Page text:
CompTIA A+ prepares IT pros for entry-level positions – but the skills they gain also act as a bedrock of knowledge for the path up the IT job ladder. Even with increased levels of automation on the horizon, plenty of advanced tasks remain that require a knowledgeable person to observe, interpret, understand and report on what's happening on a given network or device.

For example, when it comes to managing cybersecurity risk, IT pros need to understand the basic mechanics of a ransomware attack like how and where files are stored and if locked files are on a computer or a server. Knowing the nuts and bolts of hardware and software sets IT pros up not just to thrive at the entry level, but to understand what's at stake as they move up in the profession.

CompTIA A+: Always On Trend

In the rapidly changing world of technology, the question of whether appreciating the ins and outs of infrastructure will become more of a niche interest is still an open one. But regardless of if or when it happens, CompTIA A+ will evolve alongside it. What is considered foundational may change, but CompTIA A+ will always validate those foundational IT skills, no matter what they are.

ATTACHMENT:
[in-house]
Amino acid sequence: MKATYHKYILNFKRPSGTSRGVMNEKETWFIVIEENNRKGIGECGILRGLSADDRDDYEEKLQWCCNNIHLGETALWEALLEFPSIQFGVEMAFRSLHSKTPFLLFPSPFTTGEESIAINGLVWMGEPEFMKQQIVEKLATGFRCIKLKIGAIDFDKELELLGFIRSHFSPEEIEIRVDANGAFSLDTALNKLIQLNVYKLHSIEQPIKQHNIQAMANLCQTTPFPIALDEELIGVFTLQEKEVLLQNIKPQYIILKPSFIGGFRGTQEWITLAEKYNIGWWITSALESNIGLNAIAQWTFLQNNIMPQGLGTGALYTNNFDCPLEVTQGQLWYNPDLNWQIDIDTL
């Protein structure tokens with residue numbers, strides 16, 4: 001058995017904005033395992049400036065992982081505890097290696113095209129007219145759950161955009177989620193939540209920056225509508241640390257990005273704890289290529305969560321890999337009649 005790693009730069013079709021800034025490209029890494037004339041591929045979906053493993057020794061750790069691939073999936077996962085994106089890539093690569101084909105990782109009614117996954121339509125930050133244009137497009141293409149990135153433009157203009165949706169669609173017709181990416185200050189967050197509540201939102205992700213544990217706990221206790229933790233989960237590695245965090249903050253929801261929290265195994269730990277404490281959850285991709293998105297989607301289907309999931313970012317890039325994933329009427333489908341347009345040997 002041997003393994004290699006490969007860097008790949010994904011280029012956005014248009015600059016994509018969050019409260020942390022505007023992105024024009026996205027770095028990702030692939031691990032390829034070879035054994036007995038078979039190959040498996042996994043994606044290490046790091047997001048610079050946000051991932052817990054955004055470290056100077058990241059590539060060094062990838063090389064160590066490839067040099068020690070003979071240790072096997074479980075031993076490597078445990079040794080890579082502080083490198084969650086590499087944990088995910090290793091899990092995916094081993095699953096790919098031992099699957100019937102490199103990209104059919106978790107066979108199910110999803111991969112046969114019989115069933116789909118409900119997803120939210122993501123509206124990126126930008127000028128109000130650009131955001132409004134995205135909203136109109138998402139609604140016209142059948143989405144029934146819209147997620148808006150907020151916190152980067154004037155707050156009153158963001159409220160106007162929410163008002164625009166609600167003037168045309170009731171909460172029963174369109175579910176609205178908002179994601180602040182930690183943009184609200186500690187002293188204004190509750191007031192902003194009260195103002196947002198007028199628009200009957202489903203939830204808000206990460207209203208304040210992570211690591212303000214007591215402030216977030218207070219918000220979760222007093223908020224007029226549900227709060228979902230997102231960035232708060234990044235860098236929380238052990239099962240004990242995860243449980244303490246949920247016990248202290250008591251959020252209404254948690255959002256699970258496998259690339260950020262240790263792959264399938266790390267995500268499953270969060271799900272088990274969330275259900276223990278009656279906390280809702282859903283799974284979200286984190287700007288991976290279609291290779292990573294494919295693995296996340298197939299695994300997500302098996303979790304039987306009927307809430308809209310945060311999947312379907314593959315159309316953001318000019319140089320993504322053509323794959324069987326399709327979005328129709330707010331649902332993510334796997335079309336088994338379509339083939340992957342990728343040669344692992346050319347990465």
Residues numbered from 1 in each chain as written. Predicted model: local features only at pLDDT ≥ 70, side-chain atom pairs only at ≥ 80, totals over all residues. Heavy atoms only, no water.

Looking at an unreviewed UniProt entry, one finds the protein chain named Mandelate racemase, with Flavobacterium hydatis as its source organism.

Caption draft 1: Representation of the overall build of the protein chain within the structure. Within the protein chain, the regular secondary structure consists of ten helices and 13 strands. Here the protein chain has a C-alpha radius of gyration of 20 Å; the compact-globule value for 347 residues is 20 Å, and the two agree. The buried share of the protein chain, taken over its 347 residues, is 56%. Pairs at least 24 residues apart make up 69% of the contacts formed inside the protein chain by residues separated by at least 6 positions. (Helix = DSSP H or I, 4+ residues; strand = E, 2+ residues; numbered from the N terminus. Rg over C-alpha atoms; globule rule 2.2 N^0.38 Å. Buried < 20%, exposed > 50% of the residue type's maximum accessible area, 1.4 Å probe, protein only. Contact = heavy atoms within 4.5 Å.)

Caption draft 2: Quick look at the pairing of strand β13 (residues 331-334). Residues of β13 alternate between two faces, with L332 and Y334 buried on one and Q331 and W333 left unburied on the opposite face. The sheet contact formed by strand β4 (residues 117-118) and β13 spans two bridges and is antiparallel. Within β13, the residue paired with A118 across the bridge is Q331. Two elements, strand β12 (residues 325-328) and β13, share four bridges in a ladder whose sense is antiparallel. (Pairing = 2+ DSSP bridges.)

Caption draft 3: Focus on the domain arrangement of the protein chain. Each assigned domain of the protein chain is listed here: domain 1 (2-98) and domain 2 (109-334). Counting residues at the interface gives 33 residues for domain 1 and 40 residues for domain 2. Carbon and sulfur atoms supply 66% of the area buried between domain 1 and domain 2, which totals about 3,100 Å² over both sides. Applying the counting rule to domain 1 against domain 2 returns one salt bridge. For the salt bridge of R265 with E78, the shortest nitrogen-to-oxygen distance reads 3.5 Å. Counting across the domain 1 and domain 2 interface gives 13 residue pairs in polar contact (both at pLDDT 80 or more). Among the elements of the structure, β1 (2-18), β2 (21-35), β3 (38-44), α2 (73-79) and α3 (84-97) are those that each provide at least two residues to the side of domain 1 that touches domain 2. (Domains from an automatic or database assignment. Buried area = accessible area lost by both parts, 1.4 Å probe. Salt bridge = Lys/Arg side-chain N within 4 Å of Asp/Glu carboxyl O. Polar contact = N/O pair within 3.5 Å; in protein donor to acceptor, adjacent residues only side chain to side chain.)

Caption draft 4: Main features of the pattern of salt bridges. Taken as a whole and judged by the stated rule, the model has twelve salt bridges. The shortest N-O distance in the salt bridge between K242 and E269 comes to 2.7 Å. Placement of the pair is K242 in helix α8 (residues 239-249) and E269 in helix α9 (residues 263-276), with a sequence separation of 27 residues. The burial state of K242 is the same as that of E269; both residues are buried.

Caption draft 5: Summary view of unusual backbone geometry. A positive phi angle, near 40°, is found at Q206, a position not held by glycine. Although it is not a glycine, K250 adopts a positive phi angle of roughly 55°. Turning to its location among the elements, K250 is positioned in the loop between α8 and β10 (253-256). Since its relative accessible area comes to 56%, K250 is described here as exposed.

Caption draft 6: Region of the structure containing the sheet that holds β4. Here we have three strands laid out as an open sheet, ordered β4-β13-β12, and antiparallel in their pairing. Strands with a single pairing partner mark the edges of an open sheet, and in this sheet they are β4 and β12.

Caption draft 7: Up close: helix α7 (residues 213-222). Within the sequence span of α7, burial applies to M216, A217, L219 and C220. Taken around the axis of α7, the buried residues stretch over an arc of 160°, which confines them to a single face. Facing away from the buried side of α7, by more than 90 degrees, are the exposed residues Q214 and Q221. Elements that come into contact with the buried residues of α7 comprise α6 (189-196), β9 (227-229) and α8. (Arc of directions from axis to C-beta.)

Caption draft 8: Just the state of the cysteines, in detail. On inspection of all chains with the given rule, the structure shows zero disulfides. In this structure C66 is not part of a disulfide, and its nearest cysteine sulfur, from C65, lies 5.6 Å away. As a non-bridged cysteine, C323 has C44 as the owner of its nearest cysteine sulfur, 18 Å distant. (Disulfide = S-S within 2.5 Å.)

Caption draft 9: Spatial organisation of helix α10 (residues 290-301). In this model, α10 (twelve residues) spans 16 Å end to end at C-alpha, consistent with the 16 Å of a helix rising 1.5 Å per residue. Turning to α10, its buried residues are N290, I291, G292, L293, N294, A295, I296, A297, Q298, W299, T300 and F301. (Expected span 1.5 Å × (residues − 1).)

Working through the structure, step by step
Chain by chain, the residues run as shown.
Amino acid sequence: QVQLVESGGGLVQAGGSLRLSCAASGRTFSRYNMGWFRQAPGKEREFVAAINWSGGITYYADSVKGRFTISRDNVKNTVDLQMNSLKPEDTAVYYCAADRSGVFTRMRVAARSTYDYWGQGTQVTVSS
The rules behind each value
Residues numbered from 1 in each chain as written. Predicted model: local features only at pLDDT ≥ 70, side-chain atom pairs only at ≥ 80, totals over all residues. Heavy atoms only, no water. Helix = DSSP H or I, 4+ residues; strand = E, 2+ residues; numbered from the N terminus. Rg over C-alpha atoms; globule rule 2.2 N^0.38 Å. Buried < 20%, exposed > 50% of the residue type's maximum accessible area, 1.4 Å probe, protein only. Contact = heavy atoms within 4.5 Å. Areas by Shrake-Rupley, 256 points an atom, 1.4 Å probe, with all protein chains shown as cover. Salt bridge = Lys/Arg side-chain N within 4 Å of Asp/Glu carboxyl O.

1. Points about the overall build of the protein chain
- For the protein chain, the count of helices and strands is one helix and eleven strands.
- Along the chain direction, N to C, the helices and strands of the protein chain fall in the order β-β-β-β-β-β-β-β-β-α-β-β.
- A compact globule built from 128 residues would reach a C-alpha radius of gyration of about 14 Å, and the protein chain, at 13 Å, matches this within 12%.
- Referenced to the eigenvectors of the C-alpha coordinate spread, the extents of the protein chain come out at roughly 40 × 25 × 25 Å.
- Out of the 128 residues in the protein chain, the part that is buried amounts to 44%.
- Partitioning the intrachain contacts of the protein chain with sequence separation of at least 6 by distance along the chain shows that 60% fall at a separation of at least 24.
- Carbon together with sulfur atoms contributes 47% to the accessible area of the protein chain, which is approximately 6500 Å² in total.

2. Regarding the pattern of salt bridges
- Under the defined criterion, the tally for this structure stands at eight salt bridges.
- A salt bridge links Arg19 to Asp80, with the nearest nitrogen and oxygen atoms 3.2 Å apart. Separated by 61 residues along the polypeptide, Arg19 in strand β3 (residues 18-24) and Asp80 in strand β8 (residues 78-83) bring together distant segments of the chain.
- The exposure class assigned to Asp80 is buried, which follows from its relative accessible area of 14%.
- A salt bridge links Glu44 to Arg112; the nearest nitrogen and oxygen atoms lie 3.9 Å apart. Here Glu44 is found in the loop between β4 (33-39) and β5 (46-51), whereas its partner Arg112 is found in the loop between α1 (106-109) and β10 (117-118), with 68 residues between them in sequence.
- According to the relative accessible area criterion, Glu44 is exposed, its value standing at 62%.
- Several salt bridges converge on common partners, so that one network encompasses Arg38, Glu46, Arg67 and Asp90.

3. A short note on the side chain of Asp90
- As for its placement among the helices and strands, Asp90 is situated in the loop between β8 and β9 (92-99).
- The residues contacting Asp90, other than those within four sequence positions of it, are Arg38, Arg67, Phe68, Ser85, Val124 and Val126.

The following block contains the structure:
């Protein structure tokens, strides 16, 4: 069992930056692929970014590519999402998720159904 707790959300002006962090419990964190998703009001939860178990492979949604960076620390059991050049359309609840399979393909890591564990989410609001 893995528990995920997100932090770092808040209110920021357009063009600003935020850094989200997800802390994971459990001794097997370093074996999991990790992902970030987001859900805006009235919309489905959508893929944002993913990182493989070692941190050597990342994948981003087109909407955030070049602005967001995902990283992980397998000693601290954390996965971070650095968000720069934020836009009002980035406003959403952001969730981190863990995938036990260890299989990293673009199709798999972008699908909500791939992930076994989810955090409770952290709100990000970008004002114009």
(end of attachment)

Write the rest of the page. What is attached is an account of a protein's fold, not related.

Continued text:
That's because the CompTIA Subject Matter Experts who help develop the exams are doing real, day-to-day work all across the IT landscape. They see what technology is trending, what skills are in demand and what is truly necessary to get started in IT and succeed. Things may change, but a CompTIA A+ will always be an endorsement of competence and a clear verification that an IT pro can meet a business's entry-level IT needs.

That said, there's one more good reason to know as much as you can about hardware and software: you can never know enough – and you can never go wrong by understanding more about the technology you're using. So, whether you're working or playing, keep learning!

Check out the newly updated CompTIA A+ and download the exam objectives to see what’s covered.